We know what you're thinking. When skulls and buzzards appear on a list of symbols—together no less—it can't be good news for the novel's characters. You're right; it isn't.
And it isn't exactly good news for us readers either. Here's why.
Images of skulls only appear twice, but they bookend the novel, showing up at the beginning and end of the story. This makes them stand out more than they would if they were buried somewhere in the middle.
The first skull is discovered by Brother Francis in the Fallout Shelter. As he searches for interesting trinkets from the past, he notices a skull "lying among the rocks in a darker corner, still retain[ing] a gold tooth in its grin" (2.12). Francis becomes frustrated at the skull's grin and wonders, "Why don't you grin at something else for a change?" (2.16)
The second skull, ironically enough, belongs to Brother Francis. As Zerchi lies dying amongst the abbey's rubble, he finds a skull with "a hole in the forehead" and what "[looks] like the remains of an arrow" in it (29.64).
Zerchi blesses the skull and wonders what the owner had done for humanity and civilization before they repaid him with an arrow through the dome (29.66). Of course, the author doesn't call Francis's head a dome, but we do.
Not Inspired by the Beatles
Unlike skulls, buzzards appear all over this novel:
- Brother Francis mentions the buzzards in the second paragraph of the novel (1.2).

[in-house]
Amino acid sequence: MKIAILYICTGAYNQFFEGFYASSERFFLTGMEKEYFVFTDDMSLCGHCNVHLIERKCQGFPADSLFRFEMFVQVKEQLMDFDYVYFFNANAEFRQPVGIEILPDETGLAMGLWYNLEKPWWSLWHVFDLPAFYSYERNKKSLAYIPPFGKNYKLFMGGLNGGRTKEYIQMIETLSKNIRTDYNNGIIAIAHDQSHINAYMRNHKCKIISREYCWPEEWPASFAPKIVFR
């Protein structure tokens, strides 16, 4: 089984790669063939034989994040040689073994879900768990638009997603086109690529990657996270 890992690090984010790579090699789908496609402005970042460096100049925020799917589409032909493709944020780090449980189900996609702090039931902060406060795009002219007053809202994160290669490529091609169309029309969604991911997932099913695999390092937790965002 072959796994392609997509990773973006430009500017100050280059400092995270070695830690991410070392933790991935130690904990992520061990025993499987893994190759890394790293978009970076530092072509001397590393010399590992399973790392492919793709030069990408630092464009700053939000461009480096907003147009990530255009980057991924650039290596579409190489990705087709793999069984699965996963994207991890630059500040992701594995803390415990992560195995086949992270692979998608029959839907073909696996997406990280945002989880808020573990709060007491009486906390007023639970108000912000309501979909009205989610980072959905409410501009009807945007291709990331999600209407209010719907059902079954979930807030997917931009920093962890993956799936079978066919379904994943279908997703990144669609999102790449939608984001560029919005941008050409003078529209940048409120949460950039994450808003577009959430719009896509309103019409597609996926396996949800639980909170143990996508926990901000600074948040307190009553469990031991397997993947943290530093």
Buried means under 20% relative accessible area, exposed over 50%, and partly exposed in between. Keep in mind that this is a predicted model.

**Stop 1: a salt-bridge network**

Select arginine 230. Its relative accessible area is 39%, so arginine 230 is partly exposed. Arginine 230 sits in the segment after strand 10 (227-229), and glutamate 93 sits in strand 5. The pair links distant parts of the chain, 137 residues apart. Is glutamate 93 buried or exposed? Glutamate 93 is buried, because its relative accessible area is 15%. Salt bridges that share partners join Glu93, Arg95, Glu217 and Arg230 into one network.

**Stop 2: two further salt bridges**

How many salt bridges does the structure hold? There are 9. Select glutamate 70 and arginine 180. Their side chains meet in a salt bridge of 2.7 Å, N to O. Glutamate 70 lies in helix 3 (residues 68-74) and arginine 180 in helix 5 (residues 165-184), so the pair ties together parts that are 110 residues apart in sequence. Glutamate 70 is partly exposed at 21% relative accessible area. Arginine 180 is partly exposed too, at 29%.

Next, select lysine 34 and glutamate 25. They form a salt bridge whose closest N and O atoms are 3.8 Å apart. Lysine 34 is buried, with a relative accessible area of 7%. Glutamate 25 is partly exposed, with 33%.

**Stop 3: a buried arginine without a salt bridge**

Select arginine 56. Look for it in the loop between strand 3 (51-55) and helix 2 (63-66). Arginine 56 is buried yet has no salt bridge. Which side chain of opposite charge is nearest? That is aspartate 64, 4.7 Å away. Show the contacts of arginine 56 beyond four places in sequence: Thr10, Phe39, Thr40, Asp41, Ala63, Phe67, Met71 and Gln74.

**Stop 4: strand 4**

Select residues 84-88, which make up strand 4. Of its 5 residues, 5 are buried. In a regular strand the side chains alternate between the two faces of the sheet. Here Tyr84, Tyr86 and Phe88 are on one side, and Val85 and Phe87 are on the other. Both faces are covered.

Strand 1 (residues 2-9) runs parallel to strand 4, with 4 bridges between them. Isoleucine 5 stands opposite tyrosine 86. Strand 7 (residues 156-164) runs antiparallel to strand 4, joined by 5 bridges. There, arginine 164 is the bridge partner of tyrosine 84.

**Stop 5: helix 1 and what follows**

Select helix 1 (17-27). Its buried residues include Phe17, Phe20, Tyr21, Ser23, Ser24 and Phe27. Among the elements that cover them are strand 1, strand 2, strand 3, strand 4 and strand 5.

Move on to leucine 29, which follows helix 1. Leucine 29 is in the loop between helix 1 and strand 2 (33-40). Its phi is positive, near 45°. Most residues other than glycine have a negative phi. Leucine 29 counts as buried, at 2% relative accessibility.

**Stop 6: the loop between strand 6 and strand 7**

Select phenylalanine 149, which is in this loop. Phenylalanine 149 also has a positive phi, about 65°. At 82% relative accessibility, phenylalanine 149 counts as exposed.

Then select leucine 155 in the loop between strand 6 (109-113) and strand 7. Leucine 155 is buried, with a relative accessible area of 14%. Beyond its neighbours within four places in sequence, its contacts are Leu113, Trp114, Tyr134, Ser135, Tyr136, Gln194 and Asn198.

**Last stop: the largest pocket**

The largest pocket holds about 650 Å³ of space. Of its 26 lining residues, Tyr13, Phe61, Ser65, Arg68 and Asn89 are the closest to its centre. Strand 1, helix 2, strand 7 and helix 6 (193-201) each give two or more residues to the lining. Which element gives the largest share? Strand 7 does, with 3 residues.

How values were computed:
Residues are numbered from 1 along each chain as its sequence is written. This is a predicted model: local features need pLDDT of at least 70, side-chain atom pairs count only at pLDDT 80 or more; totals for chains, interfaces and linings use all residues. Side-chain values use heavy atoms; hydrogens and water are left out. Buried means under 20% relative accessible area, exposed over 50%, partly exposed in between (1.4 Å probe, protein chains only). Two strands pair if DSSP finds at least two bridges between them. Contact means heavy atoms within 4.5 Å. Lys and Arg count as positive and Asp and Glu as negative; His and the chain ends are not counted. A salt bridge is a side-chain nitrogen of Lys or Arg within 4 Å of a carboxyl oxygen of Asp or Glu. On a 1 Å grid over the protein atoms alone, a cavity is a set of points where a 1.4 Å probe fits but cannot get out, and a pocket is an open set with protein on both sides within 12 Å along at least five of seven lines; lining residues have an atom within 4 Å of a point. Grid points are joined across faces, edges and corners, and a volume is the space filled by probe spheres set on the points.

- The wanderer chases the birds off the corpse of Brother Francis before burying him at the end of Fiat Homo (11.87).
- When we first meet Dom Paulo, he's watching the "buzzards circling over the mesa of Last Resort" (13.9).
- Later on, Dom Paulo fans himself with "a fan of buzzard feathers" (14.81).
- After the wolves have their go at the Poet, the buzzards also pick at the man at the end of Fiat Lux (23.21).
- Father Zerchi, like Dom Paulo before him, watches buzzards from the abbey. This time, they circle "'the Green Star camp down the highway'" (28.55).
- A buzzard checks out a dying Zerchi before the abbot's final passing at the end of Fiat Voluntas Tua. Zerchi notices that "its feathers were singed from the flash, and it kept one eye closed" (29.73).
And that's just a few examples. The keen-eyed reader will find many, many more, some out in the open and others well-hidden in the text. But what do they mean?
All of these skull and buzzard images are what we'd call a memento mori symbol. In Latin, memento mori translates roughly to "remember you will die," and these symbols represent just such a reminder (source).
A Canticle takes it a bit further than that though. Most memento mori symbols, such as Philippe de Champaigne's Vanitas, remind us that death is an inevitable part of our future. No amount of success, beauty, or good deeds will change that.
The buzzards in the novel serve a similar function. They show up time and time again, always in the distance, a constant reminder that the characters will die in time. When that time comes, the buzzards swoop down from their distant circling to feast.
But, as that last buzzard shows us, even they are susceptible to death's calling. And what about the skulls? The skulls are a lot like the buzzards, only with an extra layer of symbolism. For extra fun.
They remind readers not only that they will die, but also that all that has come before them has died as well. Since the skulls bookend the novel, they seem to suggest that death and destruction bookend all human endeavors.
You can't escape death because it is in the past, present, and future. Depressed yet? We sure are. Then again, that might be the point.